The United Kingdom will leave the European Union on 31st January 2020. Here is the Brexit calendar and the consequences for travelers.
31st January 2020: The United Kingdom leaves the European Union
The countdown to Brexit has started! As Boris Johnson’s Conservative Party won a large victory in the early elections on 12th December, winning 365 out of 650 seats in the House of Commons, the British Prime Minister can now carry out his promise of delivering Brexit on 31st January 2020.
In specific terms, the United Kingdom should, therefore, leave the European Union on 31st January, at 11 p.m. GMT, a little more than 3 years after the June 2016 referendum. By then, the British Parliament will have to have voted on the Brexit agreement. The same goes for the European Parliament. This time, the votes should only be a formality.
31st December 2020: End of the transition period
However, the date of January 31st, 2020 will not mark a sudden break. If the United Kingdom is no longer a member of the European Union by this date, a transition period will be open until 31st December 2020.
In practice, the United Kingdom will no longer participate in European institutions, but it will still apply all of the European regulations, in particular with regard to the movement of people.
Therefore, as of 31st January 2020, there will be no changes for European travelers, who will be able to continue to travel to the United Kingdom with their valid passport or identity card. For those travelling to Great Britain with their car, driving licenses issued by EU member states will also still be valid in the UK.
1st January 2021: Implementation of the new agreement
The transitional period should allow negotiations to take place with a view of signing a new agreement which will define the new relationship between the EU and the United Kingdom. This agreement must notably cover the aspect of trade but also the question of the movement of people. Therefore, European and British negotiators have 11 months to draw up the outlines of the new relationship.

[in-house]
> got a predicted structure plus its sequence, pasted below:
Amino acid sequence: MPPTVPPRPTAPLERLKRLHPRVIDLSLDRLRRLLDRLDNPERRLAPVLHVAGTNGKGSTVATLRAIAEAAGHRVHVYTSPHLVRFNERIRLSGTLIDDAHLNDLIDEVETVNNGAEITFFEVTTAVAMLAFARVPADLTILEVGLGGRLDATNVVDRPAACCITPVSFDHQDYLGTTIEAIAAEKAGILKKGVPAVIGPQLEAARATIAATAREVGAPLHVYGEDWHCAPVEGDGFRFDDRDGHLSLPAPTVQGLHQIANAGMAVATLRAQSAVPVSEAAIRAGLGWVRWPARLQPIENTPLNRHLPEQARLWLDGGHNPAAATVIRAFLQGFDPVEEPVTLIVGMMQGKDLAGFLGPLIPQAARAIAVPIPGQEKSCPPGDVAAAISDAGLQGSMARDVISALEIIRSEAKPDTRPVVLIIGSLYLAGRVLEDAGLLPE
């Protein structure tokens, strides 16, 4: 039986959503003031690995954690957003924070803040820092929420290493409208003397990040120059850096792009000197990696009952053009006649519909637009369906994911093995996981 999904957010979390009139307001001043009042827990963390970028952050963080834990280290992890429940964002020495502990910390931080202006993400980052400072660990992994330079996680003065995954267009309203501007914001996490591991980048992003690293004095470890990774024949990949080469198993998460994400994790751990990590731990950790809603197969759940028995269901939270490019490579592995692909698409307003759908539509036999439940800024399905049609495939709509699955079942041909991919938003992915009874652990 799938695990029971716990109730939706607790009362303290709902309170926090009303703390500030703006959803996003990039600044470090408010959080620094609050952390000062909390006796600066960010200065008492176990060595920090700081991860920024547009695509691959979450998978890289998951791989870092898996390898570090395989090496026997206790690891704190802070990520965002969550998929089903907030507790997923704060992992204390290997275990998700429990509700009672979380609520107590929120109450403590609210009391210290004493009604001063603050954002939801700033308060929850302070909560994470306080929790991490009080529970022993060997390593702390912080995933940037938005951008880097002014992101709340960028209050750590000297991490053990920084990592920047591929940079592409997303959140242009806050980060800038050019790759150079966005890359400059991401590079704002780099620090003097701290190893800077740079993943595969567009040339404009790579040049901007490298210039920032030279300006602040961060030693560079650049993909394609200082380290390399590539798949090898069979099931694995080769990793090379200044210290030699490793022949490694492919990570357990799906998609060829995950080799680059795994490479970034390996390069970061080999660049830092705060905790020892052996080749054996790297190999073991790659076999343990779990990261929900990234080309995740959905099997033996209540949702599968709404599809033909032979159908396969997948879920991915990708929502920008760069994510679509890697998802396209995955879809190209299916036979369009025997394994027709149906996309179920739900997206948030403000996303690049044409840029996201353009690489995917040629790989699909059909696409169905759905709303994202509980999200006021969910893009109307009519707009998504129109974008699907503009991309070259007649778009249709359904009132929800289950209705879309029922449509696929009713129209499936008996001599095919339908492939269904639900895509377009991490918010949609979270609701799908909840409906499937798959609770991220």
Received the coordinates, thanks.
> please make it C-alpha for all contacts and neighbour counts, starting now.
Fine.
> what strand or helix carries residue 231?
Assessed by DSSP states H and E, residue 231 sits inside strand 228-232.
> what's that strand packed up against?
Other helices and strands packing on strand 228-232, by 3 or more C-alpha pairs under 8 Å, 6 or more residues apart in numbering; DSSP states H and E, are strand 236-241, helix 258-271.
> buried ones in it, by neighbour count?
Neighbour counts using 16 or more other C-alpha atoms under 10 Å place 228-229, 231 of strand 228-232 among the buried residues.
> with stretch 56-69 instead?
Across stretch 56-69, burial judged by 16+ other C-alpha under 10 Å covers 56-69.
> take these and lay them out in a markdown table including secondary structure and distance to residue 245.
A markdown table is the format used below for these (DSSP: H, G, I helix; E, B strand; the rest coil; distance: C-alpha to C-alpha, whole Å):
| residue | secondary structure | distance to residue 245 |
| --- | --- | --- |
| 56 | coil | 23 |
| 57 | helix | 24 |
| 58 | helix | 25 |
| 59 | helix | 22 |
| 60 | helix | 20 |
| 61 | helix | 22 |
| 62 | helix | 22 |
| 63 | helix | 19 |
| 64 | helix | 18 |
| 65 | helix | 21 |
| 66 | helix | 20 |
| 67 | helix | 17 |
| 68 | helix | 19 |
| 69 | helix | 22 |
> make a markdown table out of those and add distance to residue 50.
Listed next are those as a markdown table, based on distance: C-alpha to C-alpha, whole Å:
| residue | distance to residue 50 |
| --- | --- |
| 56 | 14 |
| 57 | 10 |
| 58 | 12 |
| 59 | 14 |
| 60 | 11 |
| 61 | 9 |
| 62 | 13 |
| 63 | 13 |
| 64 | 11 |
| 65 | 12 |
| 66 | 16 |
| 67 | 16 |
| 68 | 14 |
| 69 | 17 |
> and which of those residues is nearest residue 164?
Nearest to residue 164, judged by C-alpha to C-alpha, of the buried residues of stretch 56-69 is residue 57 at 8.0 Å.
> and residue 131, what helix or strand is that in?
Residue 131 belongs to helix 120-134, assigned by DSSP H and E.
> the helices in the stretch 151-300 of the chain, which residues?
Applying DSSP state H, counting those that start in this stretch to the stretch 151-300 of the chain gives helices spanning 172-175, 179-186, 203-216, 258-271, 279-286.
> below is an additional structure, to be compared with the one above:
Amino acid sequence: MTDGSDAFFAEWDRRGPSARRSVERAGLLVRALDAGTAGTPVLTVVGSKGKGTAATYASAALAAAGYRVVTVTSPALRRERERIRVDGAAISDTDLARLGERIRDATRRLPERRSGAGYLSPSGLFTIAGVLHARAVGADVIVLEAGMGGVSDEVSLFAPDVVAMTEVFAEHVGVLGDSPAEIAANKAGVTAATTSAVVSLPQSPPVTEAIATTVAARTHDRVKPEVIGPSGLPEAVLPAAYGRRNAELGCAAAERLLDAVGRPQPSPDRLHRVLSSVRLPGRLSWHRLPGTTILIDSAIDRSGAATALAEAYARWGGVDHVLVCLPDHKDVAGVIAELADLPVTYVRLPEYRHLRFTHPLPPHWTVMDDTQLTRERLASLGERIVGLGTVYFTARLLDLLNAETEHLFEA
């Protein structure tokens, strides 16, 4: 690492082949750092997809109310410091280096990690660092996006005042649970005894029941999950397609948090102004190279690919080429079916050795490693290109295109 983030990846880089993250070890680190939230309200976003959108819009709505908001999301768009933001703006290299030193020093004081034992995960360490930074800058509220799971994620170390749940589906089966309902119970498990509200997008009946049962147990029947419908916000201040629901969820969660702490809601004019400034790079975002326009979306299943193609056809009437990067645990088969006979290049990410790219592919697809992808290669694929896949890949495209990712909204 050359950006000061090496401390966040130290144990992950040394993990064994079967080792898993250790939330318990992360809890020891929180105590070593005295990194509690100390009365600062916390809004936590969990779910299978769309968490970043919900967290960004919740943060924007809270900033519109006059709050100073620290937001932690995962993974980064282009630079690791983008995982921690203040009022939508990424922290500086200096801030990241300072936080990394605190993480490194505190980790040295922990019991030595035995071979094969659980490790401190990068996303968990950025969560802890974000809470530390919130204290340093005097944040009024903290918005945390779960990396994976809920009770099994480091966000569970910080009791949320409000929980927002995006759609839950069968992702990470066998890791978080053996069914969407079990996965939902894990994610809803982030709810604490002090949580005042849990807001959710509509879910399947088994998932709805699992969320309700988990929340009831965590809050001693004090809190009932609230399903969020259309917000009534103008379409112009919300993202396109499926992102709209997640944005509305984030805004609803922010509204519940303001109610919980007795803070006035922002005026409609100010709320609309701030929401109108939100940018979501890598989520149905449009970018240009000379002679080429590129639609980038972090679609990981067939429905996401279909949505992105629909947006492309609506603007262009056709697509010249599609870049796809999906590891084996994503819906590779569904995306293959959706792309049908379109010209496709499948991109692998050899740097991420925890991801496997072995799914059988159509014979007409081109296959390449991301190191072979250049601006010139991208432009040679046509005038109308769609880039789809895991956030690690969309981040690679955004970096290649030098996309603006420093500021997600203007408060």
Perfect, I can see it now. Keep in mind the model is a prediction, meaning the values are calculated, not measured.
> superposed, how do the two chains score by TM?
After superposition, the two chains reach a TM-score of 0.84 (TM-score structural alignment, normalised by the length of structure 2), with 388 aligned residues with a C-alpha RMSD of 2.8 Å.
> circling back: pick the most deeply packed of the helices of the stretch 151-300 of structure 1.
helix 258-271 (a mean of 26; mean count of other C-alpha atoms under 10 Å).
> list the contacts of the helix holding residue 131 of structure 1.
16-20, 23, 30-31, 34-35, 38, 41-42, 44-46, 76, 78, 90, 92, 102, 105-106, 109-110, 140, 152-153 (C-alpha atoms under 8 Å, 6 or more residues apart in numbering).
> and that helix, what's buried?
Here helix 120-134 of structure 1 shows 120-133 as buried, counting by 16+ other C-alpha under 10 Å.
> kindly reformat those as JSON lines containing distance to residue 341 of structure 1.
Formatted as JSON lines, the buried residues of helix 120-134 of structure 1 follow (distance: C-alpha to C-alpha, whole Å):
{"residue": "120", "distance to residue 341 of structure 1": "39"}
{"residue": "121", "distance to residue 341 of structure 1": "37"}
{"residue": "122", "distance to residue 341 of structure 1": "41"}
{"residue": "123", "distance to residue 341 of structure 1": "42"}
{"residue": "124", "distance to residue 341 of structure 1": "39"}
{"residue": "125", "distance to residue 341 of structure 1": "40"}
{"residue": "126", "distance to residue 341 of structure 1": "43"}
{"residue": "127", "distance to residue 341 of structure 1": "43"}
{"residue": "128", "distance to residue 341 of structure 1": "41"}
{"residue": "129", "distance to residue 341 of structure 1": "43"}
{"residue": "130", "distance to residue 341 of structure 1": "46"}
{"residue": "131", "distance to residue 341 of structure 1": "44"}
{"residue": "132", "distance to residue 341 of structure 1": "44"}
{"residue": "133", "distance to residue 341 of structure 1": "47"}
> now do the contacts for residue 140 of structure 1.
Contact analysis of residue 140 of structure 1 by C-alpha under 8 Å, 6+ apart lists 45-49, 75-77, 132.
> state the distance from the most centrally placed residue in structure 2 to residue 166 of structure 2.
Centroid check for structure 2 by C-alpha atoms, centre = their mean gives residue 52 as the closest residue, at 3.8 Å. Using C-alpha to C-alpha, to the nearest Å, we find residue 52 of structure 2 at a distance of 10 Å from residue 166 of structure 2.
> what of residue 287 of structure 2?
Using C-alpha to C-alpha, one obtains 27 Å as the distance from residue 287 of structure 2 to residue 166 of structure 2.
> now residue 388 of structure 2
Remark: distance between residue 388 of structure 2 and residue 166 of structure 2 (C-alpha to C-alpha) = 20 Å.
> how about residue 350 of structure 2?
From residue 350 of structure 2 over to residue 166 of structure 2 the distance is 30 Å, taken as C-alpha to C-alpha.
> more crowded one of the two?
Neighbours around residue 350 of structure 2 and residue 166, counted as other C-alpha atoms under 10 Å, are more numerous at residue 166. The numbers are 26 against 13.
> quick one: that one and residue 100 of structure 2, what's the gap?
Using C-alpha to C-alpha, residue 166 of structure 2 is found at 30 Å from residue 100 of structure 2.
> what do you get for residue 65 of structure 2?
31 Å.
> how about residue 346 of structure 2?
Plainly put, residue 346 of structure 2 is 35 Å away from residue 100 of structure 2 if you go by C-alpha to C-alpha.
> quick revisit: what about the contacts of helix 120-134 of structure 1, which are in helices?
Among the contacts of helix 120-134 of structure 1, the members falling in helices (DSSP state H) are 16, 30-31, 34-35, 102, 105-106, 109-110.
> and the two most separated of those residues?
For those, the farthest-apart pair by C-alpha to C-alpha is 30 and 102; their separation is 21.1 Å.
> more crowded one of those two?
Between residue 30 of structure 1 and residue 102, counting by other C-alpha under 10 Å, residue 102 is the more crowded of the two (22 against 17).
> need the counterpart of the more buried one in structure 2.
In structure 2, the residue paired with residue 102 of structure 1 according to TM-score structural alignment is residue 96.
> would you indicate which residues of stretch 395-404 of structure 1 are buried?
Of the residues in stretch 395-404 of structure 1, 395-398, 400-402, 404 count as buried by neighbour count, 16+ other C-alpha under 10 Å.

If an agreement is reached by 31st December 2020, it will come into force on 1st January 2021. If no agreement is reached, the UK will then leave the EU without an agreement.
In both cases, travelers and tourism professionals can be reassured: the official website of the British government specifies that there will be no changes for European citizens who wish to go to the United Kingdom for a short stay or for business. “EU citizens will still be able to cross the UK border with a valid passport or identity card,” writes the British government. No visa will be imposed. On the other hand, changes are expected for European citizens living in the United Kingdom.
It remains to be seen whether or not the date of 31st December 2020 will be postponed. Given the work to be done, and the fact that the new agreement will have to be ratified by the British parliament, the European parliament and all the parliaments of the EU member states, the deadline seems particularly short. Especially since negotiations on trade alone could require several years of talks.